Explore UCD

UCD Home >

Celebrating Inspirational Women Series 2022: Dr. Purity Mwendwa

Wednesday, 30 November, 2022

News Item Celebrating Inspirational Women Series 2022: Dr. Purity Mwendwa

Please join us in celebrating International Women's Day 2022 with a series titled "Inspirational Women". Eighth and last in this series is an interview with Dr. Purity Mwendwa.

Tell us a bit about yourself and your background.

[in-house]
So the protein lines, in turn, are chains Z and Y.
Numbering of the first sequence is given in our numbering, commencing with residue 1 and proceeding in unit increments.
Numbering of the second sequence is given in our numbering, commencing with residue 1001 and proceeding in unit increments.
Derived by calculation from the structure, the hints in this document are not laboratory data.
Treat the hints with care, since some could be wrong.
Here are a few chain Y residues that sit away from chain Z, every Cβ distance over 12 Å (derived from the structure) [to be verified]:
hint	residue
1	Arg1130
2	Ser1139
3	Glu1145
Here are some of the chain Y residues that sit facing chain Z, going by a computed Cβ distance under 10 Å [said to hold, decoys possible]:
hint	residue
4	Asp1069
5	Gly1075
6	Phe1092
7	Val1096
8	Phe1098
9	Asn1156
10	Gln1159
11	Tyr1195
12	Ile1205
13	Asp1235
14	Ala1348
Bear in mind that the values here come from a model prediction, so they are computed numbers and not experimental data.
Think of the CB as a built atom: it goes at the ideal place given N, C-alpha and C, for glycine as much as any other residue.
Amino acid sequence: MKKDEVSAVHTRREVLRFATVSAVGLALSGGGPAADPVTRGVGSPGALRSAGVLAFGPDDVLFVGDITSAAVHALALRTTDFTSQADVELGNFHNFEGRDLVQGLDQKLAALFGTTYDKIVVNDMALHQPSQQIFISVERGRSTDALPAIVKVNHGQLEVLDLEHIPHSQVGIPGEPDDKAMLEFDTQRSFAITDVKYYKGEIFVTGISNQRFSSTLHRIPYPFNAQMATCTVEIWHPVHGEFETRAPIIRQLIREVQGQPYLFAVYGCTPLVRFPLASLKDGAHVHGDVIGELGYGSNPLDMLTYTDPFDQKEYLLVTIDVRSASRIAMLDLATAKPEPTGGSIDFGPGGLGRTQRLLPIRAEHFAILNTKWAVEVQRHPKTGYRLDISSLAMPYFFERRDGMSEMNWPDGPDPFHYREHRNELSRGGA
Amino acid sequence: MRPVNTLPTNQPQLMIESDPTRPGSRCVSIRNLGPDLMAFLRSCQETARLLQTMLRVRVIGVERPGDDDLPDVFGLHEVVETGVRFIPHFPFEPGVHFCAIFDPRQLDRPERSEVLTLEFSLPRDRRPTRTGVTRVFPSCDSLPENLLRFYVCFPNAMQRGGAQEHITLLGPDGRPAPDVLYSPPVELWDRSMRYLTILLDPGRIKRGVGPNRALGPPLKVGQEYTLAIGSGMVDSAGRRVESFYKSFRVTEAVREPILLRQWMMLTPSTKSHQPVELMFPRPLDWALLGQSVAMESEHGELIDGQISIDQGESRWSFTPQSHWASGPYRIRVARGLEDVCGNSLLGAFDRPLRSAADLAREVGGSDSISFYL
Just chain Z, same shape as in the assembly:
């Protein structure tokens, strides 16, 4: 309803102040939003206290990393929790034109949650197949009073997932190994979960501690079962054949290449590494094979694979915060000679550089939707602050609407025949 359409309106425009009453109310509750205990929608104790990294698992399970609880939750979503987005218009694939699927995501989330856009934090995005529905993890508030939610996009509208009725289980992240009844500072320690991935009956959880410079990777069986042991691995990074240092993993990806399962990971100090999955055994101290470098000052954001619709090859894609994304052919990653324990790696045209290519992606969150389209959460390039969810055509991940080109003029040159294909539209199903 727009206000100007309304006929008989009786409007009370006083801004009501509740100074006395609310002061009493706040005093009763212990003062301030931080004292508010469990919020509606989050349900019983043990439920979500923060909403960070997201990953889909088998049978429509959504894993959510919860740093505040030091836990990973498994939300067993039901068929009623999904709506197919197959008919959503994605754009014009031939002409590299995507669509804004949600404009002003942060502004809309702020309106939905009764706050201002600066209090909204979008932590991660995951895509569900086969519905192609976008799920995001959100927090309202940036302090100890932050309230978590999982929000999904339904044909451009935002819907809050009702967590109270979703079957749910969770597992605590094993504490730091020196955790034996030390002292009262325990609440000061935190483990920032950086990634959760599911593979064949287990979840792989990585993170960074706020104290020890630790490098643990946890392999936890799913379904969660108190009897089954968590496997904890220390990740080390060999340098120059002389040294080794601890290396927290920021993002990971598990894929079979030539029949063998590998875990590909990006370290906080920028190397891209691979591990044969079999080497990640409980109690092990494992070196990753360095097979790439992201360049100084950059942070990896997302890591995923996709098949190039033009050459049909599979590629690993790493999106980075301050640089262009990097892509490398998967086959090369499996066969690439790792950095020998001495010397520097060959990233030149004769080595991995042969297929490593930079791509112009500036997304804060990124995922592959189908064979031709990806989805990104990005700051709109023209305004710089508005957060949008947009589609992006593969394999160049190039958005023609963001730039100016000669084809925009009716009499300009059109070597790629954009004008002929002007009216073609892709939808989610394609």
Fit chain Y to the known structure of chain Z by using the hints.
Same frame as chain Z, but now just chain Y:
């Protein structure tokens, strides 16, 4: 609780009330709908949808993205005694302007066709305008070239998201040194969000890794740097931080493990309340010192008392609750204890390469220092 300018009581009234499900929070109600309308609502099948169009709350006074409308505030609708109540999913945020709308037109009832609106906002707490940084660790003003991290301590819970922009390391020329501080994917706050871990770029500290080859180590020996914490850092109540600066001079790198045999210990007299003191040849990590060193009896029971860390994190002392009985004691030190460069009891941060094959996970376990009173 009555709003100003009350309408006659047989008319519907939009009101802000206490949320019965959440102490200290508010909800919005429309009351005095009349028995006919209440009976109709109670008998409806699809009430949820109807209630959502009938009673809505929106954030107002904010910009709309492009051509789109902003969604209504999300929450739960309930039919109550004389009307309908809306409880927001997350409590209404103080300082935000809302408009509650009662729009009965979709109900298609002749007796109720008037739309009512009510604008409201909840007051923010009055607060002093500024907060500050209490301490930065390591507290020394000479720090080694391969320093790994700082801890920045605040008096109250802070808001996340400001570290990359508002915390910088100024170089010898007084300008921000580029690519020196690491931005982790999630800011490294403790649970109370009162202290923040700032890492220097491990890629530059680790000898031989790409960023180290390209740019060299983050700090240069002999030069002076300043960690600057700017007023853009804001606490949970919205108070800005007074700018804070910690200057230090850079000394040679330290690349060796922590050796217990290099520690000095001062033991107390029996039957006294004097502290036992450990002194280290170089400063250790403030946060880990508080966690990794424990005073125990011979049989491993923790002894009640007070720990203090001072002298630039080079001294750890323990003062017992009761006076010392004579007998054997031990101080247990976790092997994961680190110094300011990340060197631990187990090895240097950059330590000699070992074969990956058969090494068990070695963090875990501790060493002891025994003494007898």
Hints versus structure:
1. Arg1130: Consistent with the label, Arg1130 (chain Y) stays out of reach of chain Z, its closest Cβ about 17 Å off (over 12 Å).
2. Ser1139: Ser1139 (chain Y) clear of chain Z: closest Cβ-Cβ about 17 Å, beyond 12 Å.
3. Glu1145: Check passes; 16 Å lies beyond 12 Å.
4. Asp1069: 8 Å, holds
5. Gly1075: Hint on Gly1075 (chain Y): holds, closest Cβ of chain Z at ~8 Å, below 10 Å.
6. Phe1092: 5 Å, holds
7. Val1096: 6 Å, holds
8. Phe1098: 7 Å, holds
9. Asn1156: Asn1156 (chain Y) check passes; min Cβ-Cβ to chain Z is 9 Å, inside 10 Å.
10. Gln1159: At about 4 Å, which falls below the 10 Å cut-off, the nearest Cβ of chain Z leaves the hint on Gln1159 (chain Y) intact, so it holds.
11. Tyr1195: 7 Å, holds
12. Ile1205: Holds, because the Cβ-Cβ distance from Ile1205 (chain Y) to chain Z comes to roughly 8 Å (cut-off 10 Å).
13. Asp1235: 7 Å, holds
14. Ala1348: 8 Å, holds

I was born and raised in rural Kenya. I moved to Ireland in 2009 to do my master’s degree which was followed by Ph.D. studies in global health. I am currently an Irish Research Council funded post-doctoral researcher in the School of Nursing, Midwifery and Health Systems. My research portfolio is influenced by my experiences growing up in Kenya and those gained working and travelling in various parts of the world. I have worked in several countries and settings with a focus on equity, social justice, and empowerment. My current project explores the readiness of men to support the abandonment of Female Genital Mutilation (FGM) and women’s perceptions of men’s involvement in anti-FGM interventions in Kenya. FGM is a tradition rooted in culture and involves the partial or total removal or other injury to the female genitals for non-medical reasons. Men’s significant role as fathers, husbands, and community leaders may influence the intention to have FGM performed. However, they often lack the opportunities and support to voice their stand and are often at many different stages of readiness to change, which might determine the effectiveness of anti-FGM campaigns. My project employs a participatory approach to examine how to engage more effectively with men and strengthen opportunities for dialogue between men and women. Working with community members, we are currently co-designing an action plan aimed at promoting men’s participation in the abandonment of FGM and enhancing the collaboration between men and women to end FGM.